Lack of staff in hospitals leads to hundreds of deaths

Don’t think this is “somewhere else”. It’s in your DGH, especially of you live in a  rural area. Rationing of staff is the best way to stay within budget as staff take up by far the most money for every trust.

hris Smyth in The Times reports 17th December 2015: Lack of staff in hospitals leads to hundreds of deaths

Hundreds of patients die because hospitals are short-staffed, according to the first comprehensive research to show a clear correlation between staffing and mortality rates.

Emergency surgery patients are also 11 per cent more likely to die at the weekend, it found.

Researchers looked at 300,000 admissions for emergency abdominal surgery at 156 NHS hospitals. Hospitals with the most deaths were more likely to have fewer staff and less equipment.

Peter Holt, a surgeon at St George’s Hospital in southwest London, who led the study, told the British Journal of Anaesthesia: “As you go from poorer-performing hospitals to better- performing, the number of doctors goes up, the number of nurses goes up and the number of operating theatres goes up.”

Patients were 7 per cent more likely to die in the third of hospitals with the fewest staff compared with those with the most. Hospitals have been promised £1.8 billion to improve care.

This entry was posted in A Personal View, Rationing, Stories in the Media on by .

About Roger Burns - retired GP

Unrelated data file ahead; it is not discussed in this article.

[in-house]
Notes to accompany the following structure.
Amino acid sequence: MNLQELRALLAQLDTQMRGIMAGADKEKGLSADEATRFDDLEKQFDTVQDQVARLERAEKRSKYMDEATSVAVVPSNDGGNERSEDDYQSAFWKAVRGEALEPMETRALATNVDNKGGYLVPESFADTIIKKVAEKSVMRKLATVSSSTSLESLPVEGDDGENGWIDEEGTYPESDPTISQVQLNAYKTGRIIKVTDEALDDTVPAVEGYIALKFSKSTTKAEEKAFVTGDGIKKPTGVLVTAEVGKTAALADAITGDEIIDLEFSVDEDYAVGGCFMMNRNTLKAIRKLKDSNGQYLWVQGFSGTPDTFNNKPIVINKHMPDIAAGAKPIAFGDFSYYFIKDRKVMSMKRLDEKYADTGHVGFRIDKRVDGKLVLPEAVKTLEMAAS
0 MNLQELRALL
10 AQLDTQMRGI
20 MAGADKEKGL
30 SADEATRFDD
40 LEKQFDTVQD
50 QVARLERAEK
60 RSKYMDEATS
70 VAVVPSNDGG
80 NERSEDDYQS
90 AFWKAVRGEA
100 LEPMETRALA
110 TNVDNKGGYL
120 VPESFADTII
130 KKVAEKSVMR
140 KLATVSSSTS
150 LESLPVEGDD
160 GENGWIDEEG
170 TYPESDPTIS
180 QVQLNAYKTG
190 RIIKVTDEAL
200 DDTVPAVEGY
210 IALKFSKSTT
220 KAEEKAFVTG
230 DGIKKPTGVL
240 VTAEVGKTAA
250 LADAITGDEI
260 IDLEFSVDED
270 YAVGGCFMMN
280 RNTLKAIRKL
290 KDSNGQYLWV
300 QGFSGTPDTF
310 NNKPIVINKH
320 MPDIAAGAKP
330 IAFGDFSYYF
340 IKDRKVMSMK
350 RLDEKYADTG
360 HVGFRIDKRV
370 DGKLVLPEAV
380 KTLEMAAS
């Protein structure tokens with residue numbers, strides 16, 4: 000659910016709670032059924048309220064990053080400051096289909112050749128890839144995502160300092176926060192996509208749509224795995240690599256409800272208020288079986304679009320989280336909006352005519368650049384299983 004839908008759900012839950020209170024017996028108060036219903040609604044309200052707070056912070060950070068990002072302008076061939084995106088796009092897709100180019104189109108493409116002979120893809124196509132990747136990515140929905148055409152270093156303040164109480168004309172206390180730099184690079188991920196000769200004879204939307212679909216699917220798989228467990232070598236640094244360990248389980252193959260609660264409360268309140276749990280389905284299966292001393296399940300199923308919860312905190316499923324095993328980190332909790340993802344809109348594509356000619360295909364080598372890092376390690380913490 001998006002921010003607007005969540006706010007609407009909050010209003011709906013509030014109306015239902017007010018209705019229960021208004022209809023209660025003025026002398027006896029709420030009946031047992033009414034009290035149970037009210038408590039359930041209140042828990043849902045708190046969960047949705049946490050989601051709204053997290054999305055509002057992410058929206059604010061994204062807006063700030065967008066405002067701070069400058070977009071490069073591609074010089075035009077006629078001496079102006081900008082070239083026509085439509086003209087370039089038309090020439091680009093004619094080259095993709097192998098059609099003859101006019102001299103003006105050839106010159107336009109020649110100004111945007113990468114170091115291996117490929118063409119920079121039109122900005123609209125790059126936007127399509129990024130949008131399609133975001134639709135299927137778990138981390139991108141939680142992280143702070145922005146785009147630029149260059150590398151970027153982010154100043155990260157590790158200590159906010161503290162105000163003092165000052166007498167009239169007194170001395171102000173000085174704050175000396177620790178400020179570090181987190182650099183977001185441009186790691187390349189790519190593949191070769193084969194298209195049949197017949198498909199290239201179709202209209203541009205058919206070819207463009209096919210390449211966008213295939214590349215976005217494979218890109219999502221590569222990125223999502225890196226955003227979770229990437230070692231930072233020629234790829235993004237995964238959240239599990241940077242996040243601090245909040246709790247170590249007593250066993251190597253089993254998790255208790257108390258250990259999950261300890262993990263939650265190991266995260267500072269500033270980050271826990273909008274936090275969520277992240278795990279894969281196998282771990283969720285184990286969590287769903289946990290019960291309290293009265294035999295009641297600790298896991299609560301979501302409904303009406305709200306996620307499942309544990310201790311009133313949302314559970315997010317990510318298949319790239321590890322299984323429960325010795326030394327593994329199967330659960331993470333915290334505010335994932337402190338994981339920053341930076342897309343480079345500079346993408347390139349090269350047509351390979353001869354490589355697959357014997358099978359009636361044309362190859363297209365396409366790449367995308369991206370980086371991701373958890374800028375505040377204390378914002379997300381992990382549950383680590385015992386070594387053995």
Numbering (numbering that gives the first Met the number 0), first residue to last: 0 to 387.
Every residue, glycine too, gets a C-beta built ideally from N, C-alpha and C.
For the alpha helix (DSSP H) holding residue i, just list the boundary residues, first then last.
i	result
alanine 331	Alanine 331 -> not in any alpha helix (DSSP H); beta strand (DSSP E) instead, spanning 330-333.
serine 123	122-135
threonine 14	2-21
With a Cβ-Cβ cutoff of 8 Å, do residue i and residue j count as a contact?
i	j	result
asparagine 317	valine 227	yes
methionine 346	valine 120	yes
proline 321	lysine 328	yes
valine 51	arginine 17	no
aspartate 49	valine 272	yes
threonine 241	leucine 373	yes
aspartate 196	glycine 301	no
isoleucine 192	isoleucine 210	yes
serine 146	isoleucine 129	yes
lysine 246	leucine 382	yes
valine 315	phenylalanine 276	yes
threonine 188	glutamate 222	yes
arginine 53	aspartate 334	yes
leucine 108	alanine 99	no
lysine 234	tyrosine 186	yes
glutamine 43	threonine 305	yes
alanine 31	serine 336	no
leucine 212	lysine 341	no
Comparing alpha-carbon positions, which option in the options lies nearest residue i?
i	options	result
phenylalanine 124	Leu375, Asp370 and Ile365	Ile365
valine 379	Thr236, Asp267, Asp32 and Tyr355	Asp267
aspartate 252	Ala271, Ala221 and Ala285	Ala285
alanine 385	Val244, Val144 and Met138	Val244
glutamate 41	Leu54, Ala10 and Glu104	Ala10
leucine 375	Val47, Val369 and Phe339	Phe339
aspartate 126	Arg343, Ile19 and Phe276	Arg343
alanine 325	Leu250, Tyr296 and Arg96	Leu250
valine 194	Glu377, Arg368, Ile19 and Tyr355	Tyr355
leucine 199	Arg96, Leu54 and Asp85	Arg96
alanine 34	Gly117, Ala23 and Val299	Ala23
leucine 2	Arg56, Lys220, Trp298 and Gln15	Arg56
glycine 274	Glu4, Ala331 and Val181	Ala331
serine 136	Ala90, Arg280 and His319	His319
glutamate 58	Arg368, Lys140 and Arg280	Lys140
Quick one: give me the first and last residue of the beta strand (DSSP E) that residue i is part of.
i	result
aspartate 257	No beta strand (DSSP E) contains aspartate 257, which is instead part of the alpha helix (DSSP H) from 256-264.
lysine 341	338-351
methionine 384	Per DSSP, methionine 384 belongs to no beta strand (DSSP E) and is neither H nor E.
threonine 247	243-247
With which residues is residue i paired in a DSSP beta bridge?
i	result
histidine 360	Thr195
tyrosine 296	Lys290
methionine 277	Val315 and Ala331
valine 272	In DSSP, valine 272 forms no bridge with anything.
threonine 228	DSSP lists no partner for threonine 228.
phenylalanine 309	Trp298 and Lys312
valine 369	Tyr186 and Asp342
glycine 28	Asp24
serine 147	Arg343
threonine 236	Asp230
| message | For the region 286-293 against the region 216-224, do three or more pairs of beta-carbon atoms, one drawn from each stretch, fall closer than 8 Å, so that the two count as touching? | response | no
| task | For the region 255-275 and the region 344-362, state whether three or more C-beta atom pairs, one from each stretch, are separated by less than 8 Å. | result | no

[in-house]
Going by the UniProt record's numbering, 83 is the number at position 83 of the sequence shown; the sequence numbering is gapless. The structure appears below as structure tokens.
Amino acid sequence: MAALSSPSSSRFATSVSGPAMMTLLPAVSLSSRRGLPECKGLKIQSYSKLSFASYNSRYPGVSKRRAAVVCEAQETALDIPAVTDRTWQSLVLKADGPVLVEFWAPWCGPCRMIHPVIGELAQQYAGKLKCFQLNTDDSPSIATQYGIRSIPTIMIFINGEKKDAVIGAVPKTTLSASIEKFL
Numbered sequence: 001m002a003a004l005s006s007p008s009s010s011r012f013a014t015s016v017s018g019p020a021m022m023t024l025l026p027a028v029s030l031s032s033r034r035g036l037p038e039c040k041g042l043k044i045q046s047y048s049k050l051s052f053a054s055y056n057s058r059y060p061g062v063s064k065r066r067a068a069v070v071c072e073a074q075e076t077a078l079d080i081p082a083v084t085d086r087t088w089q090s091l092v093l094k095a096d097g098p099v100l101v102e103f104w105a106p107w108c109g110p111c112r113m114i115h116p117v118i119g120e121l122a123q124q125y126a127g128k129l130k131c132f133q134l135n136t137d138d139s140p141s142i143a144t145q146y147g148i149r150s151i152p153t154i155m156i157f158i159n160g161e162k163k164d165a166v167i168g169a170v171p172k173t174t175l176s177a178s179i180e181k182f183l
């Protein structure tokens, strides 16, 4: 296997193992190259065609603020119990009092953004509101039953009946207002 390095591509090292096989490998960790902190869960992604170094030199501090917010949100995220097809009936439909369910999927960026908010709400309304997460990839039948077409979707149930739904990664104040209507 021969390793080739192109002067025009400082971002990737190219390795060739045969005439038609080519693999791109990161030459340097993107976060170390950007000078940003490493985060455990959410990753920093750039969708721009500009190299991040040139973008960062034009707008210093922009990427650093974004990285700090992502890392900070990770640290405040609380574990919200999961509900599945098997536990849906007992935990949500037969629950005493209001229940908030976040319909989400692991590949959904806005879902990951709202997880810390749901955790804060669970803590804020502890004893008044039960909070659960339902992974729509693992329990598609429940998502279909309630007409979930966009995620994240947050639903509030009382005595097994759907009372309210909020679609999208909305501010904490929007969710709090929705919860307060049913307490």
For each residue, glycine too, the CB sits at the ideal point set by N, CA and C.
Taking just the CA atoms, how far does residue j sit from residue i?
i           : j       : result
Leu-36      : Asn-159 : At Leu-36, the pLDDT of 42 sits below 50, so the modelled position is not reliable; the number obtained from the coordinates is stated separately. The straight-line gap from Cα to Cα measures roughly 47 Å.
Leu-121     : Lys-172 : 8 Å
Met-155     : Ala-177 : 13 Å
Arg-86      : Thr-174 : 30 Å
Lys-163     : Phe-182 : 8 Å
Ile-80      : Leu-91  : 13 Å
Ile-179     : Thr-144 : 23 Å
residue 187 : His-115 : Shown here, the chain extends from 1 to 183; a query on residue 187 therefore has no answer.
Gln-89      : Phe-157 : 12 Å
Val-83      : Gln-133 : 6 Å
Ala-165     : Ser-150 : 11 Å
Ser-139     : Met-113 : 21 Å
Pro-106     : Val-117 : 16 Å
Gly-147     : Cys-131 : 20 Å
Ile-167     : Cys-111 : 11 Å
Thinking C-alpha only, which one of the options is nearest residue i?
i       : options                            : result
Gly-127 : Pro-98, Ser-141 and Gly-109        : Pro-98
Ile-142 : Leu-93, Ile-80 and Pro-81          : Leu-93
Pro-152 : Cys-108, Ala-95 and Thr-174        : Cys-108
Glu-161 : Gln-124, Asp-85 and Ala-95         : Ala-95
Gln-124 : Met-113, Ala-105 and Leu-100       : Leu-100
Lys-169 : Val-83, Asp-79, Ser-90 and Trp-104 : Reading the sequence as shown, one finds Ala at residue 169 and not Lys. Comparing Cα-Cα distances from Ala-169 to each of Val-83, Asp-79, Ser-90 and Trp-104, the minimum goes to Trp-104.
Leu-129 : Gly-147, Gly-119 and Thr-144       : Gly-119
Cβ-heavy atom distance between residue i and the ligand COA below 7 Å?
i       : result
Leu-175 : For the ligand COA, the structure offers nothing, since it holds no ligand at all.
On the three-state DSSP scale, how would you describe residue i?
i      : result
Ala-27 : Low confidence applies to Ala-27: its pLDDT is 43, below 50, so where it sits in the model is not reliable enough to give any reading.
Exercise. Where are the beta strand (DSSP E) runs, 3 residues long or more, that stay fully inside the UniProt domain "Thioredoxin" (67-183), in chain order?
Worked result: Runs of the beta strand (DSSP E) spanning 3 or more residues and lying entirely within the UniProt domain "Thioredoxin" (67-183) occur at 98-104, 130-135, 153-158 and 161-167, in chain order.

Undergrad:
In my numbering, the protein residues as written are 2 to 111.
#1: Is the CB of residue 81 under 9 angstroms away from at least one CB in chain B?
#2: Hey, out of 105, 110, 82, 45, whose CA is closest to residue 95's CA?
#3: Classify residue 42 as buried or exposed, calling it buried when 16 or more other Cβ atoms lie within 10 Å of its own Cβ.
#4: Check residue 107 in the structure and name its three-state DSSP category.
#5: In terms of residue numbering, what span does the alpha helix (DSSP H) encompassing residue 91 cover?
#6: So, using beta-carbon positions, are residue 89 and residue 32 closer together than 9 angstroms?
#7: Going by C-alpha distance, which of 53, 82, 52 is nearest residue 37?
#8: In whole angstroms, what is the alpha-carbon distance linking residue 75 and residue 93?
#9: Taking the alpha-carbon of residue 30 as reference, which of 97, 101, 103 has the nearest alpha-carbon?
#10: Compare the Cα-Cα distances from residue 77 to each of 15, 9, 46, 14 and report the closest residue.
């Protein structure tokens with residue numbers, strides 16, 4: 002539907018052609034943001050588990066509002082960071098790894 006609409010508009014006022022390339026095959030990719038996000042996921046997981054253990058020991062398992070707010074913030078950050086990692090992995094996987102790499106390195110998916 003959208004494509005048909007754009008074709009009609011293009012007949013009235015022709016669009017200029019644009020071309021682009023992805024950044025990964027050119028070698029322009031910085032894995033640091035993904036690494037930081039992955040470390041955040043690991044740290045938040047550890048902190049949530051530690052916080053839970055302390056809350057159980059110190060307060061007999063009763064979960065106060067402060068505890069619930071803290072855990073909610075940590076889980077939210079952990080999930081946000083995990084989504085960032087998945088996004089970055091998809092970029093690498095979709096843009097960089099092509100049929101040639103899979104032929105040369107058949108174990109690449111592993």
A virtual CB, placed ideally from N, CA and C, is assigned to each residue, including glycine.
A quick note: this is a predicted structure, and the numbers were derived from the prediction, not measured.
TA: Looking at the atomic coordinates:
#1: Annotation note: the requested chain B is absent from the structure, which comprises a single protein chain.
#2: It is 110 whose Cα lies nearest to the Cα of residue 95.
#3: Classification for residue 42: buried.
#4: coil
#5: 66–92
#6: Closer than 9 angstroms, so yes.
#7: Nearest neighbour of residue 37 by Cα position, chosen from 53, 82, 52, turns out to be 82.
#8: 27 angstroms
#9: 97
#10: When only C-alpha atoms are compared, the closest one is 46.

I am a retired GP and medical educator. I have supported patient participation throughout my career, and my practice, St Thomas; Surgery, has had a longstanding and active Patient Participation Group (PPG). I support the idea of Community Health Councils, although I feel they should be funded at arms length from government. I have taught GP trainees for 30 years, and been a Programme Director for GP training in Pembrokeshire 20 years. I served on the Pembrokeshire LHG and LHB for a total of 10 years. I completed an MBA in 1996, and I along with most others, never had an exit interview from any job in the NHS! I completed an MBA in 1996, and was a runner up for the Adam Smith prize for economy and efficiency in government in that year. This was owing to a suggestion (St Thomas' Mutual) that practices had incentives for saving by being allowed to buy rationed out services in the following year.

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